At the LSS applicants are voted for by our members every three 3 years.
Rainha da Bateria (Queen of the drumming group)
Rainha da Bateria 2011 – 2012
Photo: Eduardo Noriega
Definition of Rainha da Bateria according to the World Samba Organization:
“A person who dances samba very well, who accompanies the percussion of the ‘bateria’ unit of Samba School. This person is usually a woman and is also chosen for their physical beauty.”
The Queen is a highlight, chosen to parade in front of the bateria with their exceptional samba no pé skills. To become the London School of Samba Rainha, applicants are invited to compete in a competition held in the run up to carnival, usually in July.
The function of the Queen is to animate the bateria and offer the Mestre support in firing up the bateria and keeping rhythm. Today in Brazil, queens are expected to be very beautiful and there is less emphasis is placed on dancing abilities.
We hold a competition in the summmer towards our carnival pending funding.
If you would like to enter please email firstname.lastname@example.org
Click here for more information on our Rainha da Bateria competition.
As the role suggests, this position is usually held by a long standing member of the school and represents their lengthy contribution. The LSS Madrinha is voted for by members every 3 years.
A muse is someone who inspires all elements of a carnival procession and is free to roam through the different parts of the procession without necessarily having a fixed position. The muse is someone who has strong ties to all disciplines within the samba school.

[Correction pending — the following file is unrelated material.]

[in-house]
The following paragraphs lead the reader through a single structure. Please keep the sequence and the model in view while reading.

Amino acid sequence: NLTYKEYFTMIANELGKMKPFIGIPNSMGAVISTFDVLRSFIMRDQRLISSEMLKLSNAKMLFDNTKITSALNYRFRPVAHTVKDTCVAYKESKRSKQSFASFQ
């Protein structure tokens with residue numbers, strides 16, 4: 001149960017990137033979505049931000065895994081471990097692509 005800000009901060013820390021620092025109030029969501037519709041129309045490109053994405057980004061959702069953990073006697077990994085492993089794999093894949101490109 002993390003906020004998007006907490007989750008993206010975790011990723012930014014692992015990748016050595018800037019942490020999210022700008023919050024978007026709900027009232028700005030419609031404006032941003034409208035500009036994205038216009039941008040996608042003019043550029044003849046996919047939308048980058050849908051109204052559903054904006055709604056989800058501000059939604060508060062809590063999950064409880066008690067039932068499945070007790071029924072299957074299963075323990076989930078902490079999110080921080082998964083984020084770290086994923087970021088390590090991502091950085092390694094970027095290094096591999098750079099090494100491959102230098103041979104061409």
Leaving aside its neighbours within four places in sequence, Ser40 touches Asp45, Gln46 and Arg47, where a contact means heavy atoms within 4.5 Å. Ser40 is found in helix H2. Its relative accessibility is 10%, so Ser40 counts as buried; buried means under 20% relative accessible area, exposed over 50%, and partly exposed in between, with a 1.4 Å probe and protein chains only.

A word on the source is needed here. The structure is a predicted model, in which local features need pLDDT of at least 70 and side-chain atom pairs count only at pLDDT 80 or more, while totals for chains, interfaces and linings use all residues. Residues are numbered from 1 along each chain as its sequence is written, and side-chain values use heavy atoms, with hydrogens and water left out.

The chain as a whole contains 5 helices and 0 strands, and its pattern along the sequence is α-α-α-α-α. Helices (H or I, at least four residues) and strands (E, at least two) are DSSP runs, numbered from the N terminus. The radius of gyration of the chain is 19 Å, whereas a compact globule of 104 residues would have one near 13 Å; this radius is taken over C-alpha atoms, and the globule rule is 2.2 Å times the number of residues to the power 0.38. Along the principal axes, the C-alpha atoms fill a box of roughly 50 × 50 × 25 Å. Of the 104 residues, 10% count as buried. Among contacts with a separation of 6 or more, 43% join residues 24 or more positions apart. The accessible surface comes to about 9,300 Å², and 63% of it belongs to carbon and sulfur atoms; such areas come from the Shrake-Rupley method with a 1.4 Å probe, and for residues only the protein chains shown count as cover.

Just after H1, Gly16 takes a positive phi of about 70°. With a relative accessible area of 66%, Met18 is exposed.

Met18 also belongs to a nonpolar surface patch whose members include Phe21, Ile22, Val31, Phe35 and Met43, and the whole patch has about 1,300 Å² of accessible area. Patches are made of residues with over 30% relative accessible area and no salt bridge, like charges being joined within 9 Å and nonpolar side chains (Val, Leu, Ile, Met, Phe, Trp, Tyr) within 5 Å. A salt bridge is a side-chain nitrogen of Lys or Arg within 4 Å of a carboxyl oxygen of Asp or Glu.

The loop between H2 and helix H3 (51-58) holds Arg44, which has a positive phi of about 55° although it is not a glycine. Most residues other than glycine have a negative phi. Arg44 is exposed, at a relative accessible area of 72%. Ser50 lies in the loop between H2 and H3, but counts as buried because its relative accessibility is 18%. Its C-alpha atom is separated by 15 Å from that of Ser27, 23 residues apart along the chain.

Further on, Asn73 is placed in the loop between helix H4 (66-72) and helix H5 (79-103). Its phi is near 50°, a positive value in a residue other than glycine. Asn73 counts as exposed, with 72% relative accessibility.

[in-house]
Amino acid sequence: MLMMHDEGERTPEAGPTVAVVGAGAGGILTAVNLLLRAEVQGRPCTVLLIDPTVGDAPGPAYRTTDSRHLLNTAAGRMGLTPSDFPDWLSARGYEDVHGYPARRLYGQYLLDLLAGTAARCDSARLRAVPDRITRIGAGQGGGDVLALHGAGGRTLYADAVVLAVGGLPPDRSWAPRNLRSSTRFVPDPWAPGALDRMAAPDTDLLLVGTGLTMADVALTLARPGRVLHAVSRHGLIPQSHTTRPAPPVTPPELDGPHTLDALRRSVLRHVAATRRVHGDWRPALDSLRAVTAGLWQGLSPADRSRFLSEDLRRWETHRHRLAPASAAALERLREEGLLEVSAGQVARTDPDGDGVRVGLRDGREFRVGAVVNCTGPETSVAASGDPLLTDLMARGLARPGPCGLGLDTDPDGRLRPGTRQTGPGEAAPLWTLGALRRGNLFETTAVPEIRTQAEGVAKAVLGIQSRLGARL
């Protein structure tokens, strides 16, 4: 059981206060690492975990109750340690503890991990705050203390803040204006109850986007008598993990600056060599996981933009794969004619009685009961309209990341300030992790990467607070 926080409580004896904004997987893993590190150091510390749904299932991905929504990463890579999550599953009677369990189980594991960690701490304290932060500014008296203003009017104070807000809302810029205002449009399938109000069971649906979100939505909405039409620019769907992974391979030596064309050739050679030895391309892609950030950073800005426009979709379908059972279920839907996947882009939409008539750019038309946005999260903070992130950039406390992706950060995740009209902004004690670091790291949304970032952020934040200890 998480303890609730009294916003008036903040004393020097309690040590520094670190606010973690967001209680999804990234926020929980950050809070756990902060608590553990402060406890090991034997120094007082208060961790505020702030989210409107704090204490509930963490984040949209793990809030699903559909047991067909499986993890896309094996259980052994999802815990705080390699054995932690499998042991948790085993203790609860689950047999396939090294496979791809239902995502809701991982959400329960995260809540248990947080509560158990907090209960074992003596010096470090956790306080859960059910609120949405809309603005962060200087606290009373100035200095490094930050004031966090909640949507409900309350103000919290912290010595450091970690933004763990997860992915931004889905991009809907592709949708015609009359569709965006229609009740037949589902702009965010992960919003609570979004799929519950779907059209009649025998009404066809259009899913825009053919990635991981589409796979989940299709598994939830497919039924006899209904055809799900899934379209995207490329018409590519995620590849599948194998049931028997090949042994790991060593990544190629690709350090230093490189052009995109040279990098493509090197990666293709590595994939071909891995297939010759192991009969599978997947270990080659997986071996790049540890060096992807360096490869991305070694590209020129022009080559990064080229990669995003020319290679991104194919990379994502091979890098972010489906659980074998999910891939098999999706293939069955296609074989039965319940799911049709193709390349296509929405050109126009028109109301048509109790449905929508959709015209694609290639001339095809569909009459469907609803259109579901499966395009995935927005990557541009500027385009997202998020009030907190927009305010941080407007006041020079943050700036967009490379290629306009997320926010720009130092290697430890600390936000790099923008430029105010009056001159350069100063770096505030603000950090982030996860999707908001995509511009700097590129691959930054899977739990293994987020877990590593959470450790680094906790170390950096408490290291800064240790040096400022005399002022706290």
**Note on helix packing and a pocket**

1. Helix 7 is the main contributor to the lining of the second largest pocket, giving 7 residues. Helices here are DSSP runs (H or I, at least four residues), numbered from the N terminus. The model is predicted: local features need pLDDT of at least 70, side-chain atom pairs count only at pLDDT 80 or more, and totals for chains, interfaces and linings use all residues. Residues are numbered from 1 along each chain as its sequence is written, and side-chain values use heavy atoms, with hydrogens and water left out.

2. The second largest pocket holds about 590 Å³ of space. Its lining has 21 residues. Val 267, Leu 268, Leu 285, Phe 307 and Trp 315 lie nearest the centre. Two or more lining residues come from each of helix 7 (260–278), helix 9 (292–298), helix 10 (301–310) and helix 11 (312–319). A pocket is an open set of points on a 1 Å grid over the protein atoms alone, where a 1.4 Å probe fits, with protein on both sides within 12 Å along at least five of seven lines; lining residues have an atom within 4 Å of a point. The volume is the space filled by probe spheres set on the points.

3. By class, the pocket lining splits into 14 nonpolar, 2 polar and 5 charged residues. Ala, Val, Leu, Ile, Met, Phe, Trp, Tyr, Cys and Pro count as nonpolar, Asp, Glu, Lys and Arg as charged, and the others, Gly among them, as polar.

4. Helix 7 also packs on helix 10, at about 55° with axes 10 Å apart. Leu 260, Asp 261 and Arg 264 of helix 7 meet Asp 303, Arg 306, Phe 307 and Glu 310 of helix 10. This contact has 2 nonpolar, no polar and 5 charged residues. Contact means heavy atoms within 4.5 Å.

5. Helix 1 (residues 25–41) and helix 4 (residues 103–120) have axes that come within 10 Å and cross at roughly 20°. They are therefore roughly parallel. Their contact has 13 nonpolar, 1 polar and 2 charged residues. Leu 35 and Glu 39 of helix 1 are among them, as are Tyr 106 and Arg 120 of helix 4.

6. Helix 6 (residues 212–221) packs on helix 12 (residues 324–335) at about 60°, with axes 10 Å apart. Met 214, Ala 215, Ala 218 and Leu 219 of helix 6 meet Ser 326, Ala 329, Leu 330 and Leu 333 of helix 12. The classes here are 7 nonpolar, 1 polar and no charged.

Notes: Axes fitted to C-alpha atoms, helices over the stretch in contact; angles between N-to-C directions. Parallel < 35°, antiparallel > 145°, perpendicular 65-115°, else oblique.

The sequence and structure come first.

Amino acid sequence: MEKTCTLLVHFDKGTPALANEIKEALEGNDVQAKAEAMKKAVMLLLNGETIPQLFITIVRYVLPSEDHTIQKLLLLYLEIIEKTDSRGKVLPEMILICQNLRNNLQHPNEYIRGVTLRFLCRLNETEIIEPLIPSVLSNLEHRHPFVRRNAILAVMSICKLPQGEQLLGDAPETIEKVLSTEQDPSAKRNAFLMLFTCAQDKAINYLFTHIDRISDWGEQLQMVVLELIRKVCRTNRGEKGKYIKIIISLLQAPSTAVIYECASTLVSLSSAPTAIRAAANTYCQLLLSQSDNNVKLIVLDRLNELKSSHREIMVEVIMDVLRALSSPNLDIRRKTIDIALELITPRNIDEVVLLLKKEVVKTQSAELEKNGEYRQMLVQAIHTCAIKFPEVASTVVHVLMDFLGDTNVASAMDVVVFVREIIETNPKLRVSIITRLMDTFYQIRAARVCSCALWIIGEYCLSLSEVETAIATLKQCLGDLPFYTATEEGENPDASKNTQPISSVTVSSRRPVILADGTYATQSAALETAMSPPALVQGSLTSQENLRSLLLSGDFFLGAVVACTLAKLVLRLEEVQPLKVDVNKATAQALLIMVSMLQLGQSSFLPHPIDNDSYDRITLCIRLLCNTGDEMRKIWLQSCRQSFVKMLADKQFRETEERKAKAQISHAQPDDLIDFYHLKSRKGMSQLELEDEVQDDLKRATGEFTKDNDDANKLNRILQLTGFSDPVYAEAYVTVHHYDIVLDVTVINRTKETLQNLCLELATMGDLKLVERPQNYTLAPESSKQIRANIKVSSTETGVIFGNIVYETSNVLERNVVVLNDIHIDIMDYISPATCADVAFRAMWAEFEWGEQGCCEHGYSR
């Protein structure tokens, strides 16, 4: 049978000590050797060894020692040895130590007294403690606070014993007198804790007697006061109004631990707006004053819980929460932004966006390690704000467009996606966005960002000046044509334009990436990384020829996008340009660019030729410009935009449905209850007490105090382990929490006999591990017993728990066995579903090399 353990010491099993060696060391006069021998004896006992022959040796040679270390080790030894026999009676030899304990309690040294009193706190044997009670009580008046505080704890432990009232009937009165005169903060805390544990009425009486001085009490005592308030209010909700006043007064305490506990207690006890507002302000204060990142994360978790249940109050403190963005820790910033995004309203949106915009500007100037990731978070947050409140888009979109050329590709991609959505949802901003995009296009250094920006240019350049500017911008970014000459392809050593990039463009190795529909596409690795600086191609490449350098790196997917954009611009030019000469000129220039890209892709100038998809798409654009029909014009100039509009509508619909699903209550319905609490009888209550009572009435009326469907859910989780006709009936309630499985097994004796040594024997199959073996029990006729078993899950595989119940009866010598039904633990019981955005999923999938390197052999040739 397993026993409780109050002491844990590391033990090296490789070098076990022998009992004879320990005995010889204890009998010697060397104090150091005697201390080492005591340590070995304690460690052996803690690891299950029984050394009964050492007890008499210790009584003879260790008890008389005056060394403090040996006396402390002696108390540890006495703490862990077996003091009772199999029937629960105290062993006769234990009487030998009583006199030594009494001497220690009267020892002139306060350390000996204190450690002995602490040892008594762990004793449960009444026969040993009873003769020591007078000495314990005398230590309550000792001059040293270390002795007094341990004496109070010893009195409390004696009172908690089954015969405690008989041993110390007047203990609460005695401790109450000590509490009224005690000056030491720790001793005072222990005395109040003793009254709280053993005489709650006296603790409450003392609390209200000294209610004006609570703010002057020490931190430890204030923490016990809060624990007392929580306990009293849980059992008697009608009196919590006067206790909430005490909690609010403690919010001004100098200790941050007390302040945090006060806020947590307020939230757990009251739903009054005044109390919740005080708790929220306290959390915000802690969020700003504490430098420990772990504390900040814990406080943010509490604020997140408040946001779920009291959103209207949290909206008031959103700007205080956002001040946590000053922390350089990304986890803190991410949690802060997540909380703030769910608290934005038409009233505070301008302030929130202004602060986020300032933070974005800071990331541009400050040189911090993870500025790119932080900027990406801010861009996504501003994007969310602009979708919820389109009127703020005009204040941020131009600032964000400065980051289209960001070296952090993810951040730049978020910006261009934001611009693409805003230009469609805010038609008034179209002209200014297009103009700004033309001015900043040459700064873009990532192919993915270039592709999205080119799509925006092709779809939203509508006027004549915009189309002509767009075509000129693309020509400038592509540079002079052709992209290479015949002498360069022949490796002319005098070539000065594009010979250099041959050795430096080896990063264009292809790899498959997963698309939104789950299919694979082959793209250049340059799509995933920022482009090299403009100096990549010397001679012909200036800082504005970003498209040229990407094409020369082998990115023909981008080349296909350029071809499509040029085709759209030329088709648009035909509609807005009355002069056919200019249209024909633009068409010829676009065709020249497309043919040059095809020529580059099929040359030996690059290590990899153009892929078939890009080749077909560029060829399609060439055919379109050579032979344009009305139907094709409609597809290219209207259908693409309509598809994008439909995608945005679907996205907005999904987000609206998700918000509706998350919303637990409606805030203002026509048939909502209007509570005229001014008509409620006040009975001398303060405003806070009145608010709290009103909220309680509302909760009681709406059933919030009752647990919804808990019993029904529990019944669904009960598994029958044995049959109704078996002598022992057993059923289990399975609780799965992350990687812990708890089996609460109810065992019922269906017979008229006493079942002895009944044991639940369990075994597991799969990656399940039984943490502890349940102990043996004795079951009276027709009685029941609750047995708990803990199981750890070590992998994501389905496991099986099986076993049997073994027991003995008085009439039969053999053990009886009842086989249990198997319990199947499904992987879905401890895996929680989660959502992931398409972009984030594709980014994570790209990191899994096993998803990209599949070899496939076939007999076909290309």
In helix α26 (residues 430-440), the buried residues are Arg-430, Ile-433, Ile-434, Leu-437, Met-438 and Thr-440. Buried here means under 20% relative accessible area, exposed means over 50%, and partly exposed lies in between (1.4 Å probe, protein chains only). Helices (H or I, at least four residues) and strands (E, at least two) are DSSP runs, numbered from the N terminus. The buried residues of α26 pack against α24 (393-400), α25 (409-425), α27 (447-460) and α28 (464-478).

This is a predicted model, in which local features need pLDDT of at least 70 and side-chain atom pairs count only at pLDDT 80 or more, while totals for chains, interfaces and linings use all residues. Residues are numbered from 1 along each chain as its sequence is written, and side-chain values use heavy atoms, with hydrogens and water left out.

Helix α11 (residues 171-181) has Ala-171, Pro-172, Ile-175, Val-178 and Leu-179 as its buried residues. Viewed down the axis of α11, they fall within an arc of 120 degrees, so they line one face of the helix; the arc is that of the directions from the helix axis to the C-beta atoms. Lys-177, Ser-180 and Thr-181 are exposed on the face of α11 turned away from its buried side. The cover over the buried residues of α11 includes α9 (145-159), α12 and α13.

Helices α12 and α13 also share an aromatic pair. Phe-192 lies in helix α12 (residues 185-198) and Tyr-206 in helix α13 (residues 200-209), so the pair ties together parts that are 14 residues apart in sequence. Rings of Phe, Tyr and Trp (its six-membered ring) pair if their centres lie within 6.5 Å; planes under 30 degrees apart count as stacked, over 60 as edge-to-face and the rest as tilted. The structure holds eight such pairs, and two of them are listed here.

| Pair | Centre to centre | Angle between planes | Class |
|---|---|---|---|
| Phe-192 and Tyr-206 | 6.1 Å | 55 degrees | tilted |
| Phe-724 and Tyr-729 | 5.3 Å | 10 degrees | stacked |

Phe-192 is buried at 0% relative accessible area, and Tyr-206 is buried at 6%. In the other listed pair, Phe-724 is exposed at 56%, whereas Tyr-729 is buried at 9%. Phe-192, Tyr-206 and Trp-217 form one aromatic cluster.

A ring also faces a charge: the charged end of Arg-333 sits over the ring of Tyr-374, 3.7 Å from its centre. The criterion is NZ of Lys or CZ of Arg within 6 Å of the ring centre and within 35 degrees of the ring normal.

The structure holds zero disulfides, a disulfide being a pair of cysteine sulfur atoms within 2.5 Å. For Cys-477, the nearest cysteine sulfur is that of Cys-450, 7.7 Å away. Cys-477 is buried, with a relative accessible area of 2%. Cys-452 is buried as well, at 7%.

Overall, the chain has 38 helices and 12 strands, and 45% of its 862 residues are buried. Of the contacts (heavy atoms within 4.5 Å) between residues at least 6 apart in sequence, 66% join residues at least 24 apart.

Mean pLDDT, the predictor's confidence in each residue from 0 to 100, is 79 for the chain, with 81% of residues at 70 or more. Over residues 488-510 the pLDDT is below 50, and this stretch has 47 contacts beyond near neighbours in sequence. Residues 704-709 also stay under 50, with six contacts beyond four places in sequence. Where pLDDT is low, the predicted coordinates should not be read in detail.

At LSS the Musa is voted for by members every 3 years.
Definition of an Ala according to the World Samba Organization:
“An Ala is a group of the same costume that forms a block in the carnival parade” It builds a tapestry of visual storytelling and comes together across the parade as a visual interpretation of the enredo.
Comissão de Frente
A compulsory element, the Comissão de Frente is the first ala (section) of the procession which welcomes the public and judges. The group is normally made up of 10 – 15 people, although this is more likely to be between 6-8 for the LSS. This section encapsulates the enredo (theme) of the school through costume and choreography, and is often highly choreographed and theatrical. The emphasis with this group is on co-ordination and presenting the story, rather than an individual ability to dance.
Registering for this ala is through application to and invitation by the LSS Dance Team via the carnival registration email.
The name Baiana is taken from state of Bahia from where samba has diffused through the migration of people south, in particular women, referred to as the aunties of a community ‘tias baianas’ (Bahian aunts).
Considered one of the most important and respected sections, the Baiana ala is ideally composed of older women who have always taken part in the school. This ala was introduced in the 1930’s to pay homage to the ‘aunts’ of samba that housed sambistas when samba was marginalized and this practice co-formed the first samba groups in Rio at the beginning of the 20th Century. This is an open access ala, anyone can register.